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10 March 2016 @ 07:44 pm
All of these words whispered in my ear tell a story that I cannot bear to hear...  
After such a beautiful sunny welcome to Mount Cook, it was quite a shock to wake up to the pounding rain and heavy fog which had descended upon our formerly stunning vista; the mist was so heavy, it completely shielded the mountain view.

We had experienced such beautiful weather for our whole time in New Zealand (save for the dreary drive to Queenstown) that I didn't even ponder the possibility of rain hampering the day of walks I had planned for Thursday. We both expected rain in Milford Sound and, when we didn't get it, we foolishly assumed we wouldn't have to worry about bad weather for the rest of our trip.

Thursday was the most outdoorsy day of the trip, with three walking tracks in the Mount Cook region planned. I had wanted to complete:

- Hooker Valley Track, 3 hours (apart from Milford Sound, this was probably the thing I was most looking forward to)
- Kea Walk, 1 hour
- Tasman Glacier Hike, 30 minutes

As we got ready and packed up the car, I hoped that the wind would blow the storm away as quickly as it had brought it in. But, after check-out, we sat in the car and I realised there was no way we could do the walks in this weather. Our next hotel was in Lake Tekapo and it would be absurd to attempt the lengthier walks without wet weather gear and risk a damp trip east.

We drove out of the national park via the car park to shortest walk (the glacier trek), hoping the rain might hold off for just long enough to let us do the climb and return. It seemed to pour down even harder. Defeated, I asked Nomi to drive us to our next destination:

Her: "Are you sure? Will I get halfway down the road before you decide to do it in the rain?"
Me: "No. It's ridiculous. It's too wet. We should go."
Her: *drives out the car park and down the road*
A rainbow appears on the side of the road and she pulls over so we can take some photos.


The rain turns to spitting. Without a word, she does a u-turn and heads back to the carpark.
Her: "We'll put our coats on and run up the track, take some photos, then run back down."

THIS is a perfect example of why we're best friends and why we travel so well together. She knew I was disappointed about not getting to do the other walks but this was one small win we could salvage from the morning. And it was absolutely worth it. The hike was steep but rewarding with the view behind us just as spectacular as the things we were expecting to see at the peak:


And when we got to the top, we were awestruck. Dark, looming mountains, shrouded in mist, were the backdrop for an expansive lake that had icebergs floating in it! During winter, the lake freezes over, then as the months get warmer, the ice breaks up and floats around the lake. Just incredible to witness:


Someone was looking down on us because the rain had virtually stopped by the time we started the climb and didn't start again until we had reached the bottom. As soon as we got back in the car, the heavens opened up and we had a very wet drive out of Mount Cook. Even despite the wet weather, Lake Pukaki looked absolutely stunning:


As we rounded the lake, the winds picked up (we later found out they reached speeds of 160km/h) but at least the sun started shining. We made a pit-stop by one of the salmon farms and enjoyed a morning tea of New Zealand ice-cream (salted caramel and chocolate) accompanied by the most delicious and fresh sashimi I have ever tried. Incredible!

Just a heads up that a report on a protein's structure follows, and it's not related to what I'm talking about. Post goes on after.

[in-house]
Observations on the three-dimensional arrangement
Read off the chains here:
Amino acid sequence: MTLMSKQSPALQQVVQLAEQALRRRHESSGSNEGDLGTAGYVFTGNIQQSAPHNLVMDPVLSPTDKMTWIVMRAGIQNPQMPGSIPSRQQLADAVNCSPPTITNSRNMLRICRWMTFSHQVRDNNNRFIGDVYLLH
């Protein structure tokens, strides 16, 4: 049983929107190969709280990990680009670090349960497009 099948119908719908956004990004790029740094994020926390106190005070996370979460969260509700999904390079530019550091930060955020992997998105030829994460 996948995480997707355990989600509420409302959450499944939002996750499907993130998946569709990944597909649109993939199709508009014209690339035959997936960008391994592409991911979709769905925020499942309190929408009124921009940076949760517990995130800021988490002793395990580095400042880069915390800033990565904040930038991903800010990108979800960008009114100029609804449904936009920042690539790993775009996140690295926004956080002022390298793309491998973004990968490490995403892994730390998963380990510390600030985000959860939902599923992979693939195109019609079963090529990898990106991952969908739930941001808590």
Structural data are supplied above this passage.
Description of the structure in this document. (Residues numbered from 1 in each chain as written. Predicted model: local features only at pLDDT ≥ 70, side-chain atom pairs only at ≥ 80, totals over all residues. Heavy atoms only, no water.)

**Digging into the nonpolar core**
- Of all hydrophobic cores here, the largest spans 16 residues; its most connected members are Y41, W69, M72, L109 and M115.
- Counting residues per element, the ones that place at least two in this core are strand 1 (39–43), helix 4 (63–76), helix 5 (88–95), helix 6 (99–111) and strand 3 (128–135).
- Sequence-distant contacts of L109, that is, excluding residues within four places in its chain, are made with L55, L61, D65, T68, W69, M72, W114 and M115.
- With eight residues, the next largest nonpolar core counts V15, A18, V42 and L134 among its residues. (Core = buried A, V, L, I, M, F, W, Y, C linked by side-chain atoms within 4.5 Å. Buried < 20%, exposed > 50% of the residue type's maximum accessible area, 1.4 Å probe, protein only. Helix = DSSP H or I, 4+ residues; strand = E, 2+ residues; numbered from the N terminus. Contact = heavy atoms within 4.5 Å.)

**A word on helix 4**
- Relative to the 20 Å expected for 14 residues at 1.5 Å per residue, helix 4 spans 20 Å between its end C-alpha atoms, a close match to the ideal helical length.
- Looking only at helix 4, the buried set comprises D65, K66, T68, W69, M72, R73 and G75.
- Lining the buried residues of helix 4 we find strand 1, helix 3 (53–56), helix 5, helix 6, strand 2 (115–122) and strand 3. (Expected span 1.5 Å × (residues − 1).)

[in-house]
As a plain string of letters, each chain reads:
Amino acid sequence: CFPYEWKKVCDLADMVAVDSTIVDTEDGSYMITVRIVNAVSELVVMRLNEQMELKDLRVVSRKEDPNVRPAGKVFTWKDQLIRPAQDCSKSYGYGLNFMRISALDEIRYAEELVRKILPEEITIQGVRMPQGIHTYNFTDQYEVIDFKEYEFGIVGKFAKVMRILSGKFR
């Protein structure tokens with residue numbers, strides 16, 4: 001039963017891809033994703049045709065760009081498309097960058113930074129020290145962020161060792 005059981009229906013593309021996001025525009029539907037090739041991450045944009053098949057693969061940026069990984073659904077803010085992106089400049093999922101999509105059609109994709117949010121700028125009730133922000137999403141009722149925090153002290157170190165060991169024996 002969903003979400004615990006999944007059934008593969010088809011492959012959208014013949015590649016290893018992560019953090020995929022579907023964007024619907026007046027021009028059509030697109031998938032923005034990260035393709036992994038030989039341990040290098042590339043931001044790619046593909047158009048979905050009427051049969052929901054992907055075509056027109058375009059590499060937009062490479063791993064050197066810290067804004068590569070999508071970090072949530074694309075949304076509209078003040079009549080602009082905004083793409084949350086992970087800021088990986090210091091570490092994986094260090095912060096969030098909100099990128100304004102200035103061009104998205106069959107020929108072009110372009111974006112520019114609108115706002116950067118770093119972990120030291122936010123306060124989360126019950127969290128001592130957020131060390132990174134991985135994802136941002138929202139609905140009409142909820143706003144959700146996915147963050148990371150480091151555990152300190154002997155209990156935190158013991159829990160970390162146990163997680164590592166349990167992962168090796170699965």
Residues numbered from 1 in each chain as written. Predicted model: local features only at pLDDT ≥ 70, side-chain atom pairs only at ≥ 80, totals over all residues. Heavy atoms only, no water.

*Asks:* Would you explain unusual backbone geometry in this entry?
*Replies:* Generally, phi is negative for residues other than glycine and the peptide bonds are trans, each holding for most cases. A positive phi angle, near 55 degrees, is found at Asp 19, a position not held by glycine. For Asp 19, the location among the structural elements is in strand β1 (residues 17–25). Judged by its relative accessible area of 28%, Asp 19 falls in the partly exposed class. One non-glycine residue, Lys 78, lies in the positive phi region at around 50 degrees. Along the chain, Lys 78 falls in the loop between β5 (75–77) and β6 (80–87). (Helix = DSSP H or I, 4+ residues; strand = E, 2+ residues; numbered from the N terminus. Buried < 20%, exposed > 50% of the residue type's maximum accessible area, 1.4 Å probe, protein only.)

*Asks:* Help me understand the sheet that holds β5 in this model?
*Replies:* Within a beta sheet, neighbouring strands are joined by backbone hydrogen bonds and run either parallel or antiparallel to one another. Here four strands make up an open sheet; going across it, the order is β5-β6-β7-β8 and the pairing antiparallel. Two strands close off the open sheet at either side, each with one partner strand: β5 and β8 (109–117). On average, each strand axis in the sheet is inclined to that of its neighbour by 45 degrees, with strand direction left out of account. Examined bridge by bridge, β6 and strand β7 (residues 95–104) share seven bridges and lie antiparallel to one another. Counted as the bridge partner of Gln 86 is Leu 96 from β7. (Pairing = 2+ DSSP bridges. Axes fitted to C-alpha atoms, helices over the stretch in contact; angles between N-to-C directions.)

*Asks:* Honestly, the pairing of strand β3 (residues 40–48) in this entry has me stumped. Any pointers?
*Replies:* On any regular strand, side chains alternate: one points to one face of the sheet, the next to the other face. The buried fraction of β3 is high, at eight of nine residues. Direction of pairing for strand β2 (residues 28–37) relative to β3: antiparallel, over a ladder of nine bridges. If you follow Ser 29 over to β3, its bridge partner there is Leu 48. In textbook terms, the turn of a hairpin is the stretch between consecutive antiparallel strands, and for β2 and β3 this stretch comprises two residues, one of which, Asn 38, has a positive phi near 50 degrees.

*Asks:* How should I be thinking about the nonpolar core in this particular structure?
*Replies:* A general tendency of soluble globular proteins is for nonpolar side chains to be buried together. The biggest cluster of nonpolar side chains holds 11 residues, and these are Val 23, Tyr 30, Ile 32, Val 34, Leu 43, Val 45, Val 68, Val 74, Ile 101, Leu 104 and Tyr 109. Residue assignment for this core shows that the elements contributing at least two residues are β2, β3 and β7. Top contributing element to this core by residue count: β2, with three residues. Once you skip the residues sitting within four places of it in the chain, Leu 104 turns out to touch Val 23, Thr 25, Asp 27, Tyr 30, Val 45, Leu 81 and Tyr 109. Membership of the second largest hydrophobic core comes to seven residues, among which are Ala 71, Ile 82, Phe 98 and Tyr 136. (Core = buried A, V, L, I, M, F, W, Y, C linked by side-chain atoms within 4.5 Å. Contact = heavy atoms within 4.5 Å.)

From there, it was on to Lake Tekapo (though I'm sure we spent more time stopping around Lake Pukaki for photo after photo after photo than actually driving). The blue of the water combined with the trees lining the lake, combined with the mountains in the distance made for a spectacular view.


We arrived in Lake Tekapo earlier than any of our other destination towns and were excited to check the place out and enjoy a spot of lunch. Unfortunately the place we chose to eat was really disappointing food-wise and the massive winds meant we couldn't access the lookout or go kayaking or really do any of the options we'd mapped out.

Instead, we checked into our apartment for the night, right across the the road from the lake, and walked down to take photos and explore at our own leisure. I even found some lupins to photograph against the blue of the lake! (I'd become obsessed with lupins while researching Lake Tekapo and was super bummed we'd miss their limited blossoming season of November/December so was ecstatic to find some hadn't yet expired.)

Our early arrival was a little dull as we had more time than things to do so we settled with repacking, organising souvenirs and trivia prizes*, making our own dinner, enjoying the sunset and ever-changing lake in the afternoon/evening colours, deleting/editing/culling/queuing/posting photos, and enjoying our latest acquisition of New Zealand sparkling wine:


*It has become somewhat of a tradition to play trivia when we travel. It started with vlogs on Route 66 three years ago (because that seemed like a far more fun way to share facts and plot our journey than just photos) and has continued on at Comic-Con, Las Vegas, San Fran, and Disneyland. For some reason, it's only when we go to the States; Fiji, Tonga, Tasmania, Uluru, the Gold Coast, and the Great Ocean Road all missed out.
Current Location: New Zealand, Lake Tekapo
Current Mood: relaxedrelaxed
Current Music: Adele - Rumour Has It